Two African Tech Startups showcase their apps optimised with Intel artichecture at Mobile World Congress


letiTwo African tech start-ups, Momentum Core and Leti Arts, will this year showcase their apps optimized for Intel Architecture at Mobile World Congress 2014 to be held between 24-25 February. Momentum Core will showcase Simiyu the Chicken gaming app while Leti Arts will showcase their Leti Centre. Both apps were developed with support from Intel’s Software Services Group in Africa which has been training developers in the last 6 months, enabling them to create and port Android apps for Intel Android devices.

Urging developers across Africa to take advantage of the free resources and training support offered by Intel Corporation in Africa, Agatha Gikunda, Software Services Lead for East Africa called upon developers to register on Intel Developer Zone a collaborative online platform and software development community designed to support and respond to challenges faced by software developers.

“By registering on the Intel developer Zone, developers are able to get firsthand information on the trainings, programs or resources that the company is offering as well as engage with more than 20,000 independent software vendors (ISV) worldwide that are registered on the platform. Momentum Core and Leti Arts are a testament to Intel’s commitment to invest in African developers. We are still looking for more tech start-ups to support.” – Agatha Gikunda.

The Leti Centre app consists of a superhero series influenced by folklore and historic legends from across Africa. Leti Arts the company behind the app reimagines African folklore and historic legends, interspersed with fictional characters, as elite superheroes fighting crime in present day Africa. The series follows the exploits of characters such as West African trickster god, Kweku Ananse, Shaka Zulu, Pharaoh, Wuzu the Maasai Warrior and Shizo an ex-cop turned vigilante against corruption. It also follows the plots and schemes of master villains such as The Pirate and The Wodaabe Assassin.

“Our goal of merging the past with the present in an exciting and compelling format is to encourage younger generations to be genuinely excited about African history and culture. The more relevant we make history and culture in education, the better the long term prospects for preserving culture and heritage. We are proud to deliver this on cutting edge technology, both hardware and software, from Intel,” said Wesley Kirinya, Corporate Technology Officer, Leti Arts.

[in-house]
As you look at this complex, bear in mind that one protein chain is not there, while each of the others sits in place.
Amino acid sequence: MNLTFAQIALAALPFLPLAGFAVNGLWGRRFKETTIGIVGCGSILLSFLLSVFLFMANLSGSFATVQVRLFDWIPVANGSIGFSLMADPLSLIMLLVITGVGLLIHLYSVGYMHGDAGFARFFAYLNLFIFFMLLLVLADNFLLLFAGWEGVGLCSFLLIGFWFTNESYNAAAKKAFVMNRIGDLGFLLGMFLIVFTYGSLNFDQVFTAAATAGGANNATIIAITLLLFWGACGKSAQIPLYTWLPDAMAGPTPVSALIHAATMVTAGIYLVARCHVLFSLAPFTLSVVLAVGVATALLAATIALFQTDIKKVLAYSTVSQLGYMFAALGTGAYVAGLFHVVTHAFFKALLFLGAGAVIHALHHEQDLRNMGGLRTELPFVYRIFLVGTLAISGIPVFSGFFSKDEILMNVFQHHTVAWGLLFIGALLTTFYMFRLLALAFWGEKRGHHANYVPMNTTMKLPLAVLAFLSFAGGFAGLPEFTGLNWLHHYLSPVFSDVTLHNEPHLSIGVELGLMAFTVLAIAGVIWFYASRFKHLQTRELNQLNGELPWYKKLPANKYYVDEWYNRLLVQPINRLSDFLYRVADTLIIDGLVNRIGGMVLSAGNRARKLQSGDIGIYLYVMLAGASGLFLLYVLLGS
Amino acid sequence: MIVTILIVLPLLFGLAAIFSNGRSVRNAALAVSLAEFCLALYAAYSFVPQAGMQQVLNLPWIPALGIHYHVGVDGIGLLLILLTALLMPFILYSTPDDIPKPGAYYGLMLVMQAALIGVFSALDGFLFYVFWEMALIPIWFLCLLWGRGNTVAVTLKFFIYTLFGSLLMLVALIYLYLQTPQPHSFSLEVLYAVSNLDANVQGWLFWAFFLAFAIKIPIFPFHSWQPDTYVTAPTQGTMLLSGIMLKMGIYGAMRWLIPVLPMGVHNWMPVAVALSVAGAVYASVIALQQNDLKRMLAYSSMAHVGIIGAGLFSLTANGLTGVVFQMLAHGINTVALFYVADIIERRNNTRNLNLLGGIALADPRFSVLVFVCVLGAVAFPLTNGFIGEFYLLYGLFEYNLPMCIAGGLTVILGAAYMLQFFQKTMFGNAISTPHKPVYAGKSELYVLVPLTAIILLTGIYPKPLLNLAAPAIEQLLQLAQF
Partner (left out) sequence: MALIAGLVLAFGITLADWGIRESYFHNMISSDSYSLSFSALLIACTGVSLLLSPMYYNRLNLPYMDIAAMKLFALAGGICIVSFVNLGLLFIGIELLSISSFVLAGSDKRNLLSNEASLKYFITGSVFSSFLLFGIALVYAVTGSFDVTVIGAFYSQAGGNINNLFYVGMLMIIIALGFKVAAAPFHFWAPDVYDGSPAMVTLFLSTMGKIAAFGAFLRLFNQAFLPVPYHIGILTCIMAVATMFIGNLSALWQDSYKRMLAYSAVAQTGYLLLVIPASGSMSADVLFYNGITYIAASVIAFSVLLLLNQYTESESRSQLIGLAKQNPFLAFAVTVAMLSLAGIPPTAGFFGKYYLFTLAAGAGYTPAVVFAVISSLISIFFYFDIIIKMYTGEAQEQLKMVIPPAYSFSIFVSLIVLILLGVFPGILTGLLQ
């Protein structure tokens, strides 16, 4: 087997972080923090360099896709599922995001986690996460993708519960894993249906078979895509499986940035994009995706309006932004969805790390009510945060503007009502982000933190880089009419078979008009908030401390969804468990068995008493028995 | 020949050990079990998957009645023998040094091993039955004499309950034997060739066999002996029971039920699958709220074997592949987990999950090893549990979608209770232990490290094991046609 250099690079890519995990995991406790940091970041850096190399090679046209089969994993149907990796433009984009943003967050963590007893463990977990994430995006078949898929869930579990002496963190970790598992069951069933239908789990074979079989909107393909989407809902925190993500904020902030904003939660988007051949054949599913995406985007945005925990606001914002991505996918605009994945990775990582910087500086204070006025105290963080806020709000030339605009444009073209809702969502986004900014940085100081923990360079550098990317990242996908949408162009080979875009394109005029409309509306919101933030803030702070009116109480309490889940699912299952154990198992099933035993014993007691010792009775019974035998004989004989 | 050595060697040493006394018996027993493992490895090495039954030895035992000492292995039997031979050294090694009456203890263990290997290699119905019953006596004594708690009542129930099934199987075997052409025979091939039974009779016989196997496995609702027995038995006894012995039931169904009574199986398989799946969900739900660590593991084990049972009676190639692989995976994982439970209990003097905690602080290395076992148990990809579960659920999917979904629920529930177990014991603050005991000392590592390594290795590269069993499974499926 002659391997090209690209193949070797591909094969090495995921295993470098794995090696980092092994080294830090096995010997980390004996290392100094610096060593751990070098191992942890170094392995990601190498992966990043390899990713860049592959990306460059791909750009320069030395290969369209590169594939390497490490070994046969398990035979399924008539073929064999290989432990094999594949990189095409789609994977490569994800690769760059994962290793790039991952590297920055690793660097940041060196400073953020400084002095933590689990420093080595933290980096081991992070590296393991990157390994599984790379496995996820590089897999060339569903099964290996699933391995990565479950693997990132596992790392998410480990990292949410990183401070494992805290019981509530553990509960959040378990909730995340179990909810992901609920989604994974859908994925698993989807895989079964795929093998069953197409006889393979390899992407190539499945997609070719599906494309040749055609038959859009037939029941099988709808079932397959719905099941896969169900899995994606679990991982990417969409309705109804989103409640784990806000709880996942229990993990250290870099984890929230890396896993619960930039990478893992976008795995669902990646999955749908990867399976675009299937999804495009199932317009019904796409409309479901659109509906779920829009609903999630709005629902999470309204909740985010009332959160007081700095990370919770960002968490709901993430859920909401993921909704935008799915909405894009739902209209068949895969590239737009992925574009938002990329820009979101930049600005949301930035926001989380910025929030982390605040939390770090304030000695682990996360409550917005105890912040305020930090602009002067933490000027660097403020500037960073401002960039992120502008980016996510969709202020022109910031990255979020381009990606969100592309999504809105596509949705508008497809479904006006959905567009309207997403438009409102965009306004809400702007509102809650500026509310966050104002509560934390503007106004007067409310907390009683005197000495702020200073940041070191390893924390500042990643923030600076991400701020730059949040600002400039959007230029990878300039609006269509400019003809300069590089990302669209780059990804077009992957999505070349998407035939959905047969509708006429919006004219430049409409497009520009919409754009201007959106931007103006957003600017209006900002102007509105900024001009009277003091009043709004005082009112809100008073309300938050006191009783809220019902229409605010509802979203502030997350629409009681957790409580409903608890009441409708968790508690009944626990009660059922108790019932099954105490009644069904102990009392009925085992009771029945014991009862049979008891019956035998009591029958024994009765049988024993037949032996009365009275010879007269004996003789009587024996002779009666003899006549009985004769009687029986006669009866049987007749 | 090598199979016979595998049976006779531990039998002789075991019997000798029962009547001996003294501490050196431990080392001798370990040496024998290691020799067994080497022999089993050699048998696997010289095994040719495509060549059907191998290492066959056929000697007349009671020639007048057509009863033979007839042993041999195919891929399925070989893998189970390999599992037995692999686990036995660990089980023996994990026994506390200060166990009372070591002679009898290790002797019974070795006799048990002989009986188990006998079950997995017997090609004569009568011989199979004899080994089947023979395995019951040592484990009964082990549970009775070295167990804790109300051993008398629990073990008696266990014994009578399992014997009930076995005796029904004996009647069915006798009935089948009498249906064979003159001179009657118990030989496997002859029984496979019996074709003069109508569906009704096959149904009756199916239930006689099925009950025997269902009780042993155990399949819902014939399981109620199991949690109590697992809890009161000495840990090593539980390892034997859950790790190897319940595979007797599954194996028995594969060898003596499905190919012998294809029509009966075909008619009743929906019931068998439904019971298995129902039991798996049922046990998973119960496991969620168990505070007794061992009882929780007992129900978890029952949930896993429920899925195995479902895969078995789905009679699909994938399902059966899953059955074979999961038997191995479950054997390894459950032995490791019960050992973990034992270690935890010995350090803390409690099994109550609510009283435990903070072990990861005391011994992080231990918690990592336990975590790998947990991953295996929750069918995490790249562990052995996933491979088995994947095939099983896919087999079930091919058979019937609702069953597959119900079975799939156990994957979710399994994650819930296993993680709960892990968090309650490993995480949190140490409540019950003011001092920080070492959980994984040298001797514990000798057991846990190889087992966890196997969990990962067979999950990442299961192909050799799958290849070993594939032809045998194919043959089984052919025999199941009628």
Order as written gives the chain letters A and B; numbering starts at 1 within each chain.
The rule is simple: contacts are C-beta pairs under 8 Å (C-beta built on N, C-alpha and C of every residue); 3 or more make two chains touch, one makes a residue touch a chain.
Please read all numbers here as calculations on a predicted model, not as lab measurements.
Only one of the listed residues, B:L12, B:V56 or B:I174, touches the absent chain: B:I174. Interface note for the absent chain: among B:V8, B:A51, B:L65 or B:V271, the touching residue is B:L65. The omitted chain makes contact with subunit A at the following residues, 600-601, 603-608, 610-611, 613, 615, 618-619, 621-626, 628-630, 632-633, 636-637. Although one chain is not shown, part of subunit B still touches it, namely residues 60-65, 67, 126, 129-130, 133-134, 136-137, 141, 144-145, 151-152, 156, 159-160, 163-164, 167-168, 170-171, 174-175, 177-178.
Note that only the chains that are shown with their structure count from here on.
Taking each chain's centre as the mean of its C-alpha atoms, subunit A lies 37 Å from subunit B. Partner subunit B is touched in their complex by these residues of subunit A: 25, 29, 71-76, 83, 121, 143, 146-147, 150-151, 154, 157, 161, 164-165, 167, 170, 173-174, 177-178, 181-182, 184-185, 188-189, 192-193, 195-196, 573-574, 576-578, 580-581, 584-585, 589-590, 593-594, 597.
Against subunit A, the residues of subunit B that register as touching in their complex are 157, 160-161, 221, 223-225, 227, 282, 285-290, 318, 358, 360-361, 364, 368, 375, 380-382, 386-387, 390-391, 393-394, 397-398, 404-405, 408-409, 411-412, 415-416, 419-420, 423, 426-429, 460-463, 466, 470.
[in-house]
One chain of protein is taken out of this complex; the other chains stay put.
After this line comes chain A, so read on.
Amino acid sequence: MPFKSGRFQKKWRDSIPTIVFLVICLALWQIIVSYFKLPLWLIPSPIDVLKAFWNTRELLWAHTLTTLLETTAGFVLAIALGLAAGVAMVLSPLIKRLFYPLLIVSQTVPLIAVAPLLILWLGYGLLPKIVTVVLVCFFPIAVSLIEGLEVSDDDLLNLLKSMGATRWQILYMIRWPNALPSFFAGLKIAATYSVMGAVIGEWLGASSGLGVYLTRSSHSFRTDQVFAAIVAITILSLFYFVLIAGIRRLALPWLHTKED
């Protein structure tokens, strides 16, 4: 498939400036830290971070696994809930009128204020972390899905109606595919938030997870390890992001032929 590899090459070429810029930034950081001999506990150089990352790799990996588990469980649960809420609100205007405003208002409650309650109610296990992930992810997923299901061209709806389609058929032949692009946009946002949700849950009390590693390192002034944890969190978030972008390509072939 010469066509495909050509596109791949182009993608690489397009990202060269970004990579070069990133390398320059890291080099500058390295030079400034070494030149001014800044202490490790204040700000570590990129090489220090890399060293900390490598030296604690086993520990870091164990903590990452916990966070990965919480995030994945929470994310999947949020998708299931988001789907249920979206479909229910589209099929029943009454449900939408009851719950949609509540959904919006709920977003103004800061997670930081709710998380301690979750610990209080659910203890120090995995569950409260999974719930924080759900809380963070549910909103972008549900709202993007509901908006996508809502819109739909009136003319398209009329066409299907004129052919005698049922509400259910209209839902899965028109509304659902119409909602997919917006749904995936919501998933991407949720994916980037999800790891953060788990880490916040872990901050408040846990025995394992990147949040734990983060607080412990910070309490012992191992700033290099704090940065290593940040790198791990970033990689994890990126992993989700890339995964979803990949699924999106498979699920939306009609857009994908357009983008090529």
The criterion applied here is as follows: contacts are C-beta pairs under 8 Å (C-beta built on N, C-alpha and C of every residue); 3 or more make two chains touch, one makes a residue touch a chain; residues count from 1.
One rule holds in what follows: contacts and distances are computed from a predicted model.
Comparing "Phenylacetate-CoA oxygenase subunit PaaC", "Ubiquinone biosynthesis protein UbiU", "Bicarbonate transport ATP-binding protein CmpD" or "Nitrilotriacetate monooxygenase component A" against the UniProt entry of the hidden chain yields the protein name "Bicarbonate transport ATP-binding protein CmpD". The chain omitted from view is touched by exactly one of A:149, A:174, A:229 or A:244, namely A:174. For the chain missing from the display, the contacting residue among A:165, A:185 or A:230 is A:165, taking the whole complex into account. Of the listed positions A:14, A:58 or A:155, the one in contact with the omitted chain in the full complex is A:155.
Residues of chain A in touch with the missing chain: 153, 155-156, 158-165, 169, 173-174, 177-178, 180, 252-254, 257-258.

Simiyu the Chicken is a thrilling action packed game that was recently showcased at Intel’s CodeFest, a hands-on workshop, with technical experts from Intel showing how to create an NDK app. They also presented the game at the NASA Space Apps challenge* where it ranked as 1st runners up.

“We had earlier designed Simiyu the Chicken as a pure Dalvik Java game but when we started working with Intel, we discovered various features of the Intel NDK that enabled us to re-use the logic and improve overall performance-critical parts of our game,” says Dennis Riungu, the Chief Operation Officer Momentum Core.

One of the tools that Momentum Core has been using is Intel’s GPU Analyzer tool which helps them analyze how 2D images can be optimized for a seamless game and test their performance. Through this, the company has been able to identify and monitor several parts of the game that require more modification.

Through an established program between Intel, iHub and Mlab, Intel’s Software Service Group is collaborating with select universities in Africa to provide resources in the universities’ hardware labs, integrate High Performance Computing into university curriculum and recently launched a Student Developer Partner Program. These activities are aimed at enhancing the ability of student developers to create rich user experiences on Intel®-based hardware as well as test their software applications